About a year ago my brother started moving from experimental physics into machine learning and I’ve been helping him out with some of the more practical aspects of the field (such as automation, code style, linting, structuring of projects, etc.). Most recently I helped him deploy one of his projects to AWS – in this post I’ll go through how we took his locally running flask application and put it into ‘‘production’’.

Deploying Prototypes using Docker

by Mads Hartmann - 20 Aug 2017

Table of contents


Why would you want to go through the hassle of deploying your prototypes in the first place? I think there are a couple of things that makes it worth your effort.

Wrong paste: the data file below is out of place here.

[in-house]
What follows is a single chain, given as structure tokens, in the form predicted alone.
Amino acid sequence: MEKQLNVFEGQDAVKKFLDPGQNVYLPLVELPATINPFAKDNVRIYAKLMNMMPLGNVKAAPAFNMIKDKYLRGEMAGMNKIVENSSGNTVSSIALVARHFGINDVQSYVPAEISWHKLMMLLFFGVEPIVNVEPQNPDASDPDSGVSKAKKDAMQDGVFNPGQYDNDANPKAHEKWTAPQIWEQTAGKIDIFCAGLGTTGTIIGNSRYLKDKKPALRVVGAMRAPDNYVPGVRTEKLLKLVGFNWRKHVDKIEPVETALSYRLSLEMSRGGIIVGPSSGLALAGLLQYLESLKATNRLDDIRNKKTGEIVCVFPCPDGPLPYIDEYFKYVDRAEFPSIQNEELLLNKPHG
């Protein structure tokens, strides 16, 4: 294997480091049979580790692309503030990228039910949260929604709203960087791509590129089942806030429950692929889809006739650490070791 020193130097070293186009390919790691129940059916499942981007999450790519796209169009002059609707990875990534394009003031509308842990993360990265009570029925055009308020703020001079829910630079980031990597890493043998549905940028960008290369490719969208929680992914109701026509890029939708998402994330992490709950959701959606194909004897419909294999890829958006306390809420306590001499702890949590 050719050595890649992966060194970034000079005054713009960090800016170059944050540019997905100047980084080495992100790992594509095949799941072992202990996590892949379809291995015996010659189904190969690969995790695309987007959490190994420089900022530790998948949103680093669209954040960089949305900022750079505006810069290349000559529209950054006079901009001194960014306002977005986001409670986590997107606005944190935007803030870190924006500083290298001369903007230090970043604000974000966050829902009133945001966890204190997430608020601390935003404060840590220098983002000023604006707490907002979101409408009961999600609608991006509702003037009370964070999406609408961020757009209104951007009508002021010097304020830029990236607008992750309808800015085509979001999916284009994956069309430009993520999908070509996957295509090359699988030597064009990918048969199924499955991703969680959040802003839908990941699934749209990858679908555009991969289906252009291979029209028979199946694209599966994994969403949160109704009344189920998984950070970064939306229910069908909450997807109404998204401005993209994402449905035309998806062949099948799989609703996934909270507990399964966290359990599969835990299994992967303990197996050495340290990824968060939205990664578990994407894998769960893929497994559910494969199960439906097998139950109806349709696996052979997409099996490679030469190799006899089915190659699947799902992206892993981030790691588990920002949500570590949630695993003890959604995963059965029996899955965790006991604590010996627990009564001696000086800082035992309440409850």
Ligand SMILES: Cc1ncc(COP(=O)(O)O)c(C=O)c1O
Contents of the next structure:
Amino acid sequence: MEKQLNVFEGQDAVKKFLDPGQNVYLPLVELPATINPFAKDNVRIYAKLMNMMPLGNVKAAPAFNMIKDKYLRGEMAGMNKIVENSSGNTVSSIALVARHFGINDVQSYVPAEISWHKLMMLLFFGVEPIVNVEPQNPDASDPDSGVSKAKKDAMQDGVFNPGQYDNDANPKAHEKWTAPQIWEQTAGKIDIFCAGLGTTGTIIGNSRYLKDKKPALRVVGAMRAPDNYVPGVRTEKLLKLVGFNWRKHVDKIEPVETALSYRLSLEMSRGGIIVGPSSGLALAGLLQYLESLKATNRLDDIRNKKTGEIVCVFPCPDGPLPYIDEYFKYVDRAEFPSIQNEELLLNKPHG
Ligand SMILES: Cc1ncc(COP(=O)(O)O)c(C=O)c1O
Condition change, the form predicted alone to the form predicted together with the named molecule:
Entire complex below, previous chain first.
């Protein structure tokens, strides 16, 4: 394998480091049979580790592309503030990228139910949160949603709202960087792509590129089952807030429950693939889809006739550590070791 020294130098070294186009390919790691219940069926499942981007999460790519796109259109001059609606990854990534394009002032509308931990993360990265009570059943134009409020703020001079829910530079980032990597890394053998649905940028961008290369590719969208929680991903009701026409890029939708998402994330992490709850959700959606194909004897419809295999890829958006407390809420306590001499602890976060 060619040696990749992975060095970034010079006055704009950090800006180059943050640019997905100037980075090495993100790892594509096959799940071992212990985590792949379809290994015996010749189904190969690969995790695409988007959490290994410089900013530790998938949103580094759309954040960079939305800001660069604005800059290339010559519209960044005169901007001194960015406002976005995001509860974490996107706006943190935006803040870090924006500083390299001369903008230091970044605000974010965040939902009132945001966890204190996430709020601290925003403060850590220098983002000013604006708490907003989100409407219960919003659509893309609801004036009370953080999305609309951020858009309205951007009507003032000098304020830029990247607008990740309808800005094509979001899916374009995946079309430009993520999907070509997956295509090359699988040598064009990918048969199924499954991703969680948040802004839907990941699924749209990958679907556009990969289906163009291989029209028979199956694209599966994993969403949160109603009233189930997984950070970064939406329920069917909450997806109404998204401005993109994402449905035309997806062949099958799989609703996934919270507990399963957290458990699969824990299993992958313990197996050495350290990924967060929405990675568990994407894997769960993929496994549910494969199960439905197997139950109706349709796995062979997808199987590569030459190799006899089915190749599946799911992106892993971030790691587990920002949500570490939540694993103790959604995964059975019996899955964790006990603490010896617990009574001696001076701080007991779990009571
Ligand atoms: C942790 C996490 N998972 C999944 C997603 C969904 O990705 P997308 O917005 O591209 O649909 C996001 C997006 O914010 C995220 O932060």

First off, I personally get way more motivated when I know that the thing I’m working on is actually live somewhere on the web, even if it’s behind an obscure IP address. It’s much more fun to add a feature or fix a bug when you know you can push it live easily.

Secondly, in the best case scenario your prototype will grow into a proper product at some point and you’ll have to deploy it anyway. By deploying early, even if all it does is print ‘‘Hello World’’, you’ll catch issues along the way which will allow you to incrementally improve your product in a way that’s still deployable in the end.

Finally I hope to show you that if you’re willing to compromise on some of the aspects of deploying your service (such as availability, auto scaling etc.) then it really isn’t a lot of work. In fact I’ll show you a single shell script you can run that gets the job done.